Wednesday, October 10, 2012

Put the Brakes on Fatalities Day

IMAGINE A DAY WITH ZERO TRAFFIC FATALITIES.

"PUT THE BRAKES ON FATALITIES DAY®"

October 10, 2012

An early report released by the National Highway and Transportation Administration (NHTSA) estimated there were approximately 32,300 traffic fatalities in 2011. That's about 90 fatalities every single day - one fatality every 16 minutes. Imagine a day with zero traffic deaths where all drivers make a special effort to “Put the Brakes on Fatalities!”

The twelfth annual Put the Brakes on Fatalities Day is designed to encourage the public to reduce driver distractions so they and their loved ones do not become one of those statistics.

The goal is to unite the country in achieving one full day of zero traffic deaths by encouraging safer behavior and actions, promoting safer roadways and vehicles, and creating improved ways to handle medical emergencies and enforcement of traffic regulations. Motor vehicle fatalities are the leading cause of death for all Americans from three to fourteen years old. Whether as a driver, passenger, pedestrian, motorcyclist, cyclist or professional, by working together in a concerted effort, we can make a difference by reducing to zero the number of fatalities occurring on our nation's roads.

October was selected for the Put the Brakes on Fatalities Day observance because it is among the peak months for traffic fatalities. In fact, October 9th was the most dangerous day of the year to be on the road in 1999: 207 people died in traffic crashes according to the National Highway Traffic Safety Administration (NHTSA). February 22 was the safest day to be on the road that year: 50 were killed in motor vehicle crashes.




Put The Brakes On Fatalities Day promotes:

Safer driving behaviors

A safe driver is an attentive driver. Do not drive when you are tired and do not use your cell phone when driving. If using you cell phone is necessary to handle an emergency call, find a safe place to pull off the road for receiving or making the call. The second behavior is to always wear your seat belt. This should be as normal as closing the door on vehicle that you enter. These two behaviors are supported by information that follows from research reports and other articles.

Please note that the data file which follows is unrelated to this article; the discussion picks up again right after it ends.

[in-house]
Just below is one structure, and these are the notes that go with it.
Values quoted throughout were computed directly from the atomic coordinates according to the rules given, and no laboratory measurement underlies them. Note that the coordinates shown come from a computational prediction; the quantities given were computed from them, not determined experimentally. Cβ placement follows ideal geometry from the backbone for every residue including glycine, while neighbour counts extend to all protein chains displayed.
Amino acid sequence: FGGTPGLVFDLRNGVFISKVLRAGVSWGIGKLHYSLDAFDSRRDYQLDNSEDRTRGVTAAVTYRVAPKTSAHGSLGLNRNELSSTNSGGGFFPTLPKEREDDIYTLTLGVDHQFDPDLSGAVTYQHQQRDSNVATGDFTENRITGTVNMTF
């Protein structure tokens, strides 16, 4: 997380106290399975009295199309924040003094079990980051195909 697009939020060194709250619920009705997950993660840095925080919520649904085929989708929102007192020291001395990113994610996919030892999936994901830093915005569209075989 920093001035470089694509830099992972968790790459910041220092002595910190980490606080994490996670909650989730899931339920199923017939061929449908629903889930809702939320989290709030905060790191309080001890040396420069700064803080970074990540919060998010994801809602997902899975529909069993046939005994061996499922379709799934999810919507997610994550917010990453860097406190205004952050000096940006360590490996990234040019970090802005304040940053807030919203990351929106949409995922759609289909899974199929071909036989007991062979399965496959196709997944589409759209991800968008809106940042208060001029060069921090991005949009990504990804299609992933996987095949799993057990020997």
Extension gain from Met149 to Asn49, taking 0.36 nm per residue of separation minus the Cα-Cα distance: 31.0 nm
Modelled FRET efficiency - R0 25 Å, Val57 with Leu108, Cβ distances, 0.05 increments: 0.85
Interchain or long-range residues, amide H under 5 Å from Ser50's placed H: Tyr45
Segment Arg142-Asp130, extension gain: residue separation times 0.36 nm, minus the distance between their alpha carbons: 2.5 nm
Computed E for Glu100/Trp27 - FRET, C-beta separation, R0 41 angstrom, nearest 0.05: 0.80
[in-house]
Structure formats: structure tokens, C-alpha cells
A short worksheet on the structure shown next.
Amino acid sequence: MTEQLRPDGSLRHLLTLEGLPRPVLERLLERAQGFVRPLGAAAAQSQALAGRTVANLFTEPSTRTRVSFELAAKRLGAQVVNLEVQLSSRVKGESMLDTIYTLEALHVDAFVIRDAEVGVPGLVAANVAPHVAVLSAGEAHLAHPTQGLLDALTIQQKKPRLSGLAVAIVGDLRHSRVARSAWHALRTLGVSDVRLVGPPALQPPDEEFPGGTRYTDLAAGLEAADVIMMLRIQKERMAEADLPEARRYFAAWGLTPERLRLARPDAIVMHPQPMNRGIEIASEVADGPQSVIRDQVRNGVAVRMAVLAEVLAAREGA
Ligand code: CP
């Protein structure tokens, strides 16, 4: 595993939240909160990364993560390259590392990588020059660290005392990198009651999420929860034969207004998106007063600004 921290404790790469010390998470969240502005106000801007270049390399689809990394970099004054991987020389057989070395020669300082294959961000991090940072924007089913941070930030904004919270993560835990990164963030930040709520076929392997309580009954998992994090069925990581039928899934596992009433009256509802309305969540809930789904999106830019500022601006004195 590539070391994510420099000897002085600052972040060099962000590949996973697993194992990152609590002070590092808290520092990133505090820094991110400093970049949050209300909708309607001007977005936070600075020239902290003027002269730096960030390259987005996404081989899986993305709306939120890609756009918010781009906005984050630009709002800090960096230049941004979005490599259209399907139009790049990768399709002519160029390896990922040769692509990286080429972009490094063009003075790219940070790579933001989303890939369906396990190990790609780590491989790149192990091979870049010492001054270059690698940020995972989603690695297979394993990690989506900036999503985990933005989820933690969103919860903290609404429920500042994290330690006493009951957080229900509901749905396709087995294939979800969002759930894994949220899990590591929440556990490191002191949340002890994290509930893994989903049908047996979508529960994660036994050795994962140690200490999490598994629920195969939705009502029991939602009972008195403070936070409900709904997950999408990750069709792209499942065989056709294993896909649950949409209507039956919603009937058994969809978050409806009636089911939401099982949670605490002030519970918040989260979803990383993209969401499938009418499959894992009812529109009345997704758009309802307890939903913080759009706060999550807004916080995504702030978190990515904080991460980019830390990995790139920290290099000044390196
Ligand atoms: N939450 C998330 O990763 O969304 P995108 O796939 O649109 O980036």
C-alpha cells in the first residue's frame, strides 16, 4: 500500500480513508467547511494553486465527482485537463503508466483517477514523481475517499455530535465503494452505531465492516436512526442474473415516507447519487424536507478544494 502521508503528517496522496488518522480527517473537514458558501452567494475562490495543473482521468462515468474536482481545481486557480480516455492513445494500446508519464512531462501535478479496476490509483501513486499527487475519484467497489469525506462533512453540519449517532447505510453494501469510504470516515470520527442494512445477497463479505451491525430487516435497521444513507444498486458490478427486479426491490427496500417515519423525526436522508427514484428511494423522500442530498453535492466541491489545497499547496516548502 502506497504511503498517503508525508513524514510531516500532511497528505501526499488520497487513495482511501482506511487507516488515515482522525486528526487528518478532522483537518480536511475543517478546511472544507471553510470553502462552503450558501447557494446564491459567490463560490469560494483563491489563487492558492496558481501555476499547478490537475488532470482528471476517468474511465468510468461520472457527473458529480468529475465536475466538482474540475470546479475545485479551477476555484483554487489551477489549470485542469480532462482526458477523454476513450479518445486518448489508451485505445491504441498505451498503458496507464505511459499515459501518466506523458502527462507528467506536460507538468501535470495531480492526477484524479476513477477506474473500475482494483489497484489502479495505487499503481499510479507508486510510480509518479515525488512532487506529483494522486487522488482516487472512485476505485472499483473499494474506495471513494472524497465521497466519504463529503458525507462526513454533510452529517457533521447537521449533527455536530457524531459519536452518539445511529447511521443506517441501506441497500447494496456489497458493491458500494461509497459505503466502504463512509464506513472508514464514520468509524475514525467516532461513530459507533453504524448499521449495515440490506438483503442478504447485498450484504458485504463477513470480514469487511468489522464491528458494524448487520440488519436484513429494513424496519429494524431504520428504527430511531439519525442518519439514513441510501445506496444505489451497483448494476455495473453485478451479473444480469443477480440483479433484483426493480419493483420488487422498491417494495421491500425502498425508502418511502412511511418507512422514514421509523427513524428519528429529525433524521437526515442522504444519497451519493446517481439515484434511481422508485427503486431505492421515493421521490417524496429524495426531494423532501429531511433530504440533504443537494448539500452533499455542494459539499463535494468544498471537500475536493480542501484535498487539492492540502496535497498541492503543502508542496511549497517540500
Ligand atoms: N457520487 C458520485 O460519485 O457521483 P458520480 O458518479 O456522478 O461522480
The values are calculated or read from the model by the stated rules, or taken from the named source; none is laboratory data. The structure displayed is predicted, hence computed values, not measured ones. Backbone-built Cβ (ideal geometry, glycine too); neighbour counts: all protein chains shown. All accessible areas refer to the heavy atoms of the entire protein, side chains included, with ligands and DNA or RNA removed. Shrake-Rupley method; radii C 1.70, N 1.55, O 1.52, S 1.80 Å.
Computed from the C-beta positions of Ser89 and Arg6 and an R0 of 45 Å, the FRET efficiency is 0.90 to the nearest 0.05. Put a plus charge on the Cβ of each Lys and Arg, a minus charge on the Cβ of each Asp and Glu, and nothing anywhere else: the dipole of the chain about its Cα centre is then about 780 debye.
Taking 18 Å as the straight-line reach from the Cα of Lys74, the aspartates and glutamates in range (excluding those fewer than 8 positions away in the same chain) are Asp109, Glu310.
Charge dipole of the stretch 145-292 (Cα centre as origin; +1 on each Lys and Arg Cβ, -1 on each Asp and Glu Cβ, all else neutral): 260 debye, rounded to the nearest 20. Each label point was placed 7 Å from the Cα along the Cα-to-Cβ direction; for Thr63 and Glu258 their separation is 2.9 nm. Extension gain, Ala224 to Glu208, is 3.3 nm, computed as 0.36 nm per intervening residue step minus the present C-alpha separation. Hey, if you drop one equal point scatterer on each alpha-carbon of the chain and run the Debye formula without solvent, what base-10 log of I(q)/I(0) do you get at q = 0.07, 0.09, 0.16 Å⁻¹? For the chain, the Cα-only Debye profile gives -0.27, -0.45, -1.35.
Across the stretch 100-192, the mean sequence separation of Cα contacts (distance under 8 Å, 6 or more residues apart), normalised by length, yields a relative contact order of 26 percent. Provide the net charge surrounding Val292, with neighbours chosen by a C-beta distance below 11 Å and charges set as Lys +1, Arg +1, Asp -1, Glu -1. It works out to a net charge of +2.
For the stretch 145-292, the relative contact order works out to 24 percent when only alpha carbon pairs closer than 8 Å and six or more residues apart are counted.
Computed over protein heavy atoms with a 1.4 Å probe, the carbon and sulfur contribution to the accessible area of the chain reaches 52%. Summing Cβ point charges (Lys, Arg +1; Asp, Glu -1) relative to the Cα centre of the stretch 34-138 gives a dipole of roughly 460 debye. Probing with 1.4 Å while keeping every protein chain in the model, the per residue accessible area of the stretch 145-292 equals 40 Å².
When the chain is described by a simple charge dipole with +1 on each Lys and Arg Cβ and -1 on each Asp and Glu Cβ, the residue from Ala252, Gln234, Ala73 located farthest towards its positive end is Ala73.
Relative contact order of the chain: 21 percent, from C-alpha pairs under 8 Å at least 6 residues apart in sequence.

Breakthrough research by Virginia Tech Transportation Institute on real-world driving behavior released by NHTSA in 2006 indicated that driver inattention was the leading factor in most crashes and near crashes. They noted that nearly 80% of the crashes and 65 % of near-crashes involved some form of driver inattention within three seconds before the event. Cell phone use and drowsiness were mentioned as two of the distractive driver activities observed.

In 2009 Transportation Secretary of Transportation, Ray LaHood held a Summit on Distracted Driving. In the press release he noted that new research findings by the National Highway Traffic Safety Administration (NHTSA) showed nearly 6,000 people died in 2008 in crashes involving a distracted or inattentive driver, and more than half a million were injured. On any given day in 2008, more than 800,000 vehicles were driven by someone using a hand-held cell phone.

Other research by NHTSA shows that lap/shoulder seat belts reduce the risk of fatal injury to front-seat passenger vehicle occupants by 45 percent and child safety seats reduce fatal injuries by 71 percent for infants and 54 percent for toddlers. The estimated national seat belt use rate for 2008 was 83 percent based on the NHTSA’s National Occupant Use Survey. A U.S. DOT study released in May, 2009 estimates that annually 1,652 lives could be saved and 22,372 serious injuries avoided if seat belt use rose to 90 percent in every state.

In a May of 2009 news release Transportation Secretary Ray LaHood said, “Wearing a seat belt costs nothing and yet it's the single most effective traffic safety devise ever invented. We want to let American People know that by failing to wear your seat belt, you not only risk serious injury or death, you also risk getting a ticket.”

Safer Driving Environments.

Despite the recent down trend in numbers of miles driven released by the Federal Highway Administration in February of 2009, poor road conditions and obsolete designs must be addressed in order to reduce highway deaths. Drivers are encouraged to be especially alert this October 10th for roadway conditions such as narrow roads and bridges, narrow shoulders that end in steep slopes or ditches, and intersections that need improvement (new construction, markings and lighting). Encourage state and local officials to give priority to road maintenance and the of design/construction of roadway improvements, such as adding rumple strips, better lighting and reflective signs, creating passing lane on hills and separate turn lanes at high traffic volume intersections, constructing median barriers and widening lanes.

Safer Vehicles.

Proper vehicle maintenance plays an important role in reducing crashes. Check your tires for proper inflation pressure, tread wear and alignment. Winterize your vehicle if you live in a cold climate. Replace worn windshield wipers. If your vehicle has antilock brakes, operate them correctly by "stomping and steering" rather than pumping them. If you are buying a vehicle, consider safety devices and safety ratings as a top priority. Check out the NHTSA Web site at www.nhtsa.dot.gov for vehicle safety ratings.

For more traffic safety tips and information, log on to the Put The Brakes On Fatalities Day Web site at www.brakesonfatalities.org.

Read Secretary LaHood’s blog and the other 19 stories on KDOT’s Blogspot website at http://ksdotblog.blogspot.com.